UNH British Historian Explains Appeal of Downton Abbey

Thursday, January 24, 2013
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nicoletta bullace

Nicoletta Gullace, associate professor of history

When World War I hero Matthew Crawley dropped to one knee in the swirling snow and finally proposed to Lady Mary Crawley in the season two finale of the popular PBS drama “Downton Abbey,” it was the culmination of a romance ensconced in an elegant and nostalgic lifestyle that has captured the imaginations of American viewers.

But what was it like to live in 20th century Edwardian England, especially for women, and why does it intrigue so many of us?

Today’s independent women would be hard pressed to live with the constraints experienced by early 20th century women of the Edwardian era, according to Nicoletta Gullace, associate professor of history at the University of New Hampshire, who studies 20th century British history.

“We view a series like Downton Abbey with tremendous nostalgia and women, in particular, find themselves wishing they could recapture some of those traditions. What we modern viewers forget, though, is that the vast majority of us would have been Daisys, not Marys,” Gullace says, referring to Daisy, the kitchen maid for the Crawley family, and Lady Mary Crawley.

“The equality of opportunity we strive for today comes at a cost, and that cost is the vast inequality that made it possible for the likes of the Crawleys to live so well. There is no harm, though, in watching a wonderful series like Downton Abbey and living that lifestyle vicariously,” she says.

According to Gullace, while today we still have extremes of wealth and poverty in the United States, as they did in the Edwardian era, most young women are much more independent than they would have been in the early 20th century. Today, all women can go to college, have a career, vote, join the military, practice medicine, and travel alone without chaperones.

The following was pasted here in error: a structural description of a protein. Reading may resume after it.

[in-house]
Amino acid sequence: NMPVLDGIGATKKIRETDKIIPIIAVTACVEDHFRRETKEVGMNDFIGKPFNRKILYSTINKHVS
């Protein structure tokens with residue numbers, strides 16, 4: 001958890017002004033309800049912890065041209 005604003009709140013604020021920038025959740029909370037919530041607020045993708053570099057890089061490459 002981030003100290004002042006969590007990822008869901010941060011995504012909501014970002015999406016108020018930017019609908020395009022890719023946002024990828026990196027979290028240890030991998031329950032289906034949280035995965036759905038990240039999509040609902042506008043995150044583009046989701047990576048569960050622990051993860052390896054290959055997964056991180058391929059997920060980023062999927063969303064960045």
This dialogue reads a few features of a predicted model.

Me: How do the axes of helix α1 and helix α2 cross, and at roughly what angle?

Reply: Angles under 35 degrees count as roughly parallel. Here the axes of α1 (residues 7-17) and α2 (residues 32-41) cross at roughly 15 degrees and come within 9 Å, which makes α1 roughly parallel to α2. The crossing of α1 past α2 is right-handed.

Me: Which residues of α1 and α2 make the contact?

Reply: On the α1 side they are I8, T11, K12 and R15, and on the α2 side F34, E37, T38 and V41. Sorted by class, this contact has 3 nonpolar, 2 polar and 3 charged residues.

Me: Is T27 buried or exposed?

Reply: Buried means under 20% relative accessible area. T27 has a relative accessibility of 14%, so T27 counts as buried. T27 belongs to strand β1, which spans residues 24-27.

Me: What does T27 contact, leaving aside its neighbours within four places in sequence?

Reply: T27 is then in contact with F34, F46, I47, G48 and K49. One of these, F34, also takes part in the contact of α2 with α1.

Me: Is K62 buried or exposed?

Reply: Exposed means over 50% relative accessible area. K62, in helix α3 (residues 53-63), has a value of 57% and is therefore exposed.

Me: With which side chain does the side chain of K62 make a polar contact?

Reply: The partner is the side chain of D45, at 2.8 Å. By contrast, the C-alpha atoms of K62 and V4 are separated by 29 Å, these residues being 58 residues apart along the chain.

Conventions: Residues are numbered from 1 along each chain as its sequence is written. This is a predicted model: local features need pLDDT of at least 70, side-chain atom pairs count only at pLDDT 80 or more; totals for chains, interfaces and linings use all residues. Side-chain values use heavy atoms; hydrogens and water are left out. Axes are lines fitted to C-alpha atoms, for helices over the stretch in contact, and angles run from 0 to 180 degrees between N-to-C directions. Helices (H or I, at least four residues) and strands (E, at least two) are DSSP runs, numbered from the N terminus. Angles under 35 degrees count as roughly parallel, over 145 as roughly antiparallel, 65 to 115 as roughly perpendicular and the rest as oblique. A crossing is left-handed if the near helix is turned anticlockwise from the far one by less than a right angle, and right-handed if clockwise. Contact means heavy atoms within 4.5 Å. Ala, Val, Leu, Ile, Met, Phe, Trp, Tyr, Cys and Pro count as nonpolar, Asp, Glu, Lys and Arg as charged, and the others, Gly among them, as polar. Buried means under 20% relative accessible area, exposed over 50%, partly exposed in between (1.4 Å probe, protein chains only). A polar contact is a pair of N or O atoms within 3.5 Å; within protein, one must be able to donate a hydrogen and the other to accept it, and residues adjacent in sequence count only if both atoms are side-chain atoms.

“Women in the early 20th century were just beginning to explore those options, with a vocal minority demanding education, professional opportunities, and the vote. What we’ve given up, though, is a certain gentility and graciousness of living,” she says.

“When women view Downton Abbey and feel nostalgic, they are not only nostalgic for the sumptuous way of life, the beautiful clothes, and the glittering parties, but for a different kind of relationship with men. Lord Crawley is noble and paternalistic, without being unkind or authoritarian, and Matthew is everything a woman could wish for – handsome, independent, noble of character, brave, and harboring an undying love for Mary,” Gullace says.

Americans also may be intrigued by Downton Abbey and that period of British history because of its combination of tradition and modernity. “It is full of familiar things like running water, telephones, indoor plumbing, central heat, and steam travel, yet the very rich still displayed courtly manners and lived in unimaginable luxury and opulence. We are also connected to that time period more intimately, since it was not, in fact, so very long ago,” Gullace says.

Gullace explains that her godfather was the same age as Matthew Crawley, fought in World War I, practiced medicine on Harley Street in London, and dressed for dinner every night. And while it was not Downton Abbey, Gullace’s godfather’s house was beautiful and richly appointed with silver, impressionist paintings, a lavish wine cellar, and numerous gardens, attended by a gardener.

“Our table manners were always a cause for anxiety to my parents when we were there. Yet, when he died, so did the tradition of dressing for dinner. Eventually the silver, paintings, and wine were divided up among children who would rarely use them,” she says.

Written by Lori Wright